Understanding the Limitations of AI in Marketing for Legal Tech
A version of this article first appeared in the May 1, 2023 issue of Legal Tech News.
A lot of conversations have been happening surrounding the release of ChatGPT-4 and the role of AI, in general, in disrupting marketing. In fact, Salesforce’s Fourth Annual State of Marketing research report indicates 51% of marketers are already incorporating AI. Likewise, McKinsey suggests AI applications in the areas of marketing and sales could hold an approximate value of $2.6 trillion!
What really is the impact of AI in marketing within the legal tech space? Let’s explore this closely.
Smaller brands with lack of resources to invest in skilled in-house marketing and sales teams or external agencies might find the ability of AI tools, like ChatGPT, Jasper.ai, Quillbot, Copy.ai and the likes, to produce blogs, Web copy, email copy, ad copy and social media captions helpful. It’s very speedy in churning out content, and it can be a good initial resource for personalized communication and scheduling meetings where a nuanced understanding of context or stakeholder differentiation is not required.
In fact, if a brand is simply looking to churn out content across different platforms for the sake of it - to tick all the boxes - without really paying attention to the ramifications on long-term branding and positioning, these tools can be a boon. However, companies will still require a dedicated person to manually check all the copy that AI tools produce due to the reasons we list out below.
1. Lack of Real-Time Content
At the moment, tools like ChatGPT cannot access the latest real-time content. This can pose limitations if one needs the latest stats or breaking news for a piece of content. In an industry where one may need access to immediate trend alerts, AI tools cannot be part of a dynamic strategy.
2. Lack of Consistent Accuracy
AI tools do not have the ability to generate content that is fully factual. Many professionals have already pointed out endless examples of AI tools outputting fabricated facts. This is being referred to as “hallucinations.” One will have to fact-check accuracy to avoid legal issues. Imagine the irony of a legal tech company getting into legal issues due to misinformation from an AI tool that was published blindly! A member of our team recently flagged a case in which ChatGPT generated a list of law journal articles on a legal doctrine that were entirely fictitious. Even the list of sources ChatGPT shared were fake.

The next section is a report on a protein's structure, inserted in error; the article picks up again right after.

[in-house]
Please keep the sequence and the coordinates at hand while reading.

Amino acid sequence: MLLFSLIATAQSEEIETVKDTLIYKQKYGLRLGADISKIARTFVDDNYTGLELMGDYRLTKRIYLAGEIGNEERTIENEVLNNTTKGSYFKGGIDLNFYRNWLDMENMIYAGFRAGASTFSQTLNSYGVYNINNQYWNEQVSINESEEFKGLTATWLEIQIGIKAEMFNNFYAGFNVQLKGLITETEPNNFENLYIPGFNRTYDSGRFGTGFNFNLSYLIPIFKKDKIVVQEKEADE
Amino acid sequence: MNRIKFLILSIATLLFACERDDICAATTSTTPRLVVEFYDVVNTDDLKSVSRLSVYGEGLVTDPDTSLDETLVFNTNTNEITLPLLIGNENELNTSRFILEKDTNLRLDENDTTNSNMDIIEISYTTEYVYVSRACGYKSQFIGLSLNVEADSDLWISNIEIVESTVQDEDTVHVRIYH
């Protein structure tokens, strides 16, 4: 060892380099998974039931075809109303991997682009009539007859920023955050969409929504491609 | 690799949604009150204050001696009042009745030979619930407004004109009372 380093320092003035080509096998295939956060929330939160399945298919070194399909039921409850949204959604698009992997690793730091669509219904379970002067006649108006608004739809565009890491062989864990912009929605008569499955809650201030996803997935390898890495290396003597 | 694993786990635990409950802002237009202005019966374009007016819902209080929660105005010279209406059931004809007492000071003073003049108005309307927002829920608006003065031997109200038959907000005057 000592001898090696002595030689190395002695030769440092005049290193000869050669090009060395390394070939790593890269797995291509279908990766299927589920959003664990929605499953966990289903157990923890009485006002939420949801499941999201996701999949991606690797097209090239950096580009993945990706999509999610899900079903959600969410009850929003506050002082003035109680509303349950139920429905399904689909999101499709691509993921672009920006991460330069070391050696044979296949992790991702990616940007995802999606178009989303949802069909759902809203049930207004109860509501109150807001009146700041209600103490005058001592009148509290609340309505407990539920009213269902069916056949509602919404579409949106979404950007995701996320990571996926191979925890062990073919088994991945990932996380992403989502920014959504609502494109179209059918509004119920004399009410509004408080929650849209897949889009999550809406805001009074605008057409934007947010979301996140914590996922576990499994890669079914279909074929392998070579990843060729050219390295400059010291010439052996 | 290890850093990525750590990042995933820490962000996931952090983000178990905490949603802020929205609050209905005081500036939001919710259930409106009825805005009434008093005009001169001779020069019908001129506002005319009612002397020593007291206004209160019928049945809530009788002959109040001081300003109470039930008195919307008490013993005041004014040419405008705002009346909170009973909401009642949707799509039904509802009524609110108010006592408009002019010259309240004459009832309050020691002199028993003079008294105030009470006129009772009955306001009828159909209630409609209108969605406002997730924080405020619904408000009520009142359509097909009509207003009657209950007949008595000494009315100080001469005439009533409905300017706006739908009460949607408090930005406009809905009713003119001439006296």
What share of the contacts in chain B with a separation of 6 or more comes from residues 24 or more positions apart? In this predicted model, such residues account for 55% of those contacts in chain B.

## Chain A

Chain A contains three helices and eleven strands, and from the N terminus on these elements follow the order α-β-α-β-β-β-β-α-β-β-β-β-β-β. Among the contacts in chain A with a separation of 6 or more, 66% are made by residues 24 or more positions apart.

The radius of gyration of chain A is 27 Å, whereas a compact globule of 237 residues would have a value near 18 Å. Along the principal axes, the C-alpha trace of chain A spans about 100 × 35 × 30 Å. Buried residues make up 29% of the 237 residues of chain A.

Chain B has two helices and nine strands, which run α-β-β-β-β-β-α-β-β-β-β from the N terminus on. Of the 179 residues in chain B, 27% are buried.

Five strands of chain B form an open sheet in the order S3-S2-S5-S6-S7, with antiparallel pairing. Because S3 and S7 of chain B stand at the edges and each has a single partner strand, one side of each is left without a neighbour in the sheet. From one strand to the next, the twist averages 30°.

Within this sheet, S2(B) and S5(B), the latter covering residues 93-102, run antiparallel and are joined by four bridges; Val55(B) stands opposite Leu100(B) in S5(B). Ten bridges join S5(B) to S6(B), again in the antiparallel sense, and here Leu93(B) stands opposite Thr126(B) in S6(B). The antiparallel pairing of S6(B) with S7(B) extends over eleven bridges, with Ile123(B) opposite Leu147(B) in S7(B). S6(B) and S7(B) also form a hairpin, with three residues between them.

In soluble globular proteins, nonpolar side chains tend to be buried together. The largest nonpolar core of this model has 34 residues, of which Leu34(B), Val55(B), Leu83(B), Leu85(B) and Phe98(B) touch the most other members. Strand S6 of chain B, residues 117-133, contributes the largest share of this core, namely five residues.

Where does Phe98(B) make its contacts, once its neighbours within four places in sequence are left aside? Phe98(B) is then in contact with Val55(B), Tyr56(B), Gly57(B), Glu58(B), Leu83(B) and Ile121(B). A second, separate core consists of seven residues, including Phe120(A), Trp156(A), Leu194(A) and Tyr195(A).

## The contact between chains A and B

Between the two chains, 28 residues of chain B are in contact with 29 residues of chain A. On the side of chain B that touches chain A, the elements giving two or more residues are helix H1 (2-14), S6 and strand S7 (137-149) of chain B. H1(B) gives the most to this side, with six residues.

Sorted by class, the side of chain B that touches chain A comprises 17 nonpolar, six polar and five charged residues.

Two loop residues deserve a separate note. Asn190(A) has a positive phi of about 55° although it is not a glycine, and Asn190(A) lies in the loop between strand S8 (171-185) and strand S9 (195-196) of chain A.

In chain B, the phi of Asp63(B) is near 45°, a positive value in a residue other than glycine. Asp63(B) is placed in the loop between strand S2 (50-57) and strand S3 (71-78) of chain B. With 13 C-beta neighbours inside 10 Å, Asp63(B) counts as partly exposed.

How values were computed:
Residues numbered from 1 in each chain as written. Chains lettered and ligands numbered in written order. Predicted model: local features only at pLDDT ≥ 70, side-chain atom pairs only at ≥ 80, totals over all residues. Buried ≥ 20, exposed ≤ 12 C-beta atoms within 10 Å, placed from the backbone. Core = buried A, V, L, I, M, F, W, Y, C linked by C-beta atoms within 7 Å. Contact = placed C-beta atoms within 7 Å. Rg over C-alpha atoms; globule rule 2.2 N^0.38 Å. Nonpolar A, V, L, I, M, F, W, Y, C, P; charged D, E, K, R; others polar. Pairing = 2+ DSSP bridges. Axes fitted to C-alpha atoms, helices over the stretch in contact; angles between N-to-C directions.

4. Lack of 100% Originality
Although AI tools claim to create original content, many users have flagged it for plagiarism concerns. AI tools could result in intellectual property violation. There is a genuine risk that a legal tech company could potentially receive AI generated content partially lifted from a competitor’s platform. If several brands in the same industry have similar - even if not identical - content, this could lead to lack of brand differentiation, which can impact conversions. In short, AI tools are tone deaf and don’t understand branding, positioning and creativity.
3. Lack of Subject Expertise
AI tools are not human. They cannot think with emotion or reason to express content like a thought leader who has personal experience, exclusive anecdotes to share, and unique insights based on real-life experiences. AI tools cannot churn out content that is based upon complex nuances. Leaders of legal tech companies, for example, should steer clear of using AI tools to churn out thought leadership pieces for publishing on a company website, personal blog or LinkedIn. There is no real uniqueness, emotional intelligence, subject expertise or value-add that robotic content stands to offer.
5. Lack of Unique Voice
The legal tech world is uniquely competitive yet inclusive and familial. It is important for a brand to maintain a distinct tone of voice that speaks compellingly to its distinct audience, and this brand voice must be consistent across all communication. While ChatGPT can put together marketing content and sales material in a matter of seconds, it requires an actual person to fine-tune these messages to stand out and resonate with target audiences. For example, if you look at the screenshots we’ve embedded in this article, you’ll see ChatGPT generated several options for an email campaign, which then required manual editing to put together the final version we ran with that was in line with our brand’s voice and audience’s needs.
6. Lack of Compliance
Not all AI tools meet compliance rules for security and privacy. Legal tech companies must be mindful to not share confidential client information to generate marketing content or other material. AI platforms, such as ChatGPT, save data since it is a learning platform that trains itself based on various data a user inputs. AI tools may not meet compliance laws like GDPR (i.e. the “right to be forgotten”). There could be a variety of ethical and legal concerns in using AI tools.
The Final Verdict
Are AI tools going to erase the need for marketing experts and content writers in legaltech? The simple answer is no.
AI has the potential to create content quickly based on the user’s specific prompts, including emails, blogs, social media posts, Web copy, briefs, chatbot copy and more. However, it still requires a subject matter expert to a) cross-check accuracy, b) scan and address potential plagiarism and c) tweak content to align with brand tonality.
Furthermore, for thought leadership pieces, content that needs to be sensitive in nature, nuanced pieces or material that needs to draw from real-time trends, AI tools pose hurdles.
AI generated content might be speedy, but it’s not better in every case. It is surface level for the most part and can neither exhibit the true authority of a seasoned professional nor demonstrate a human touch.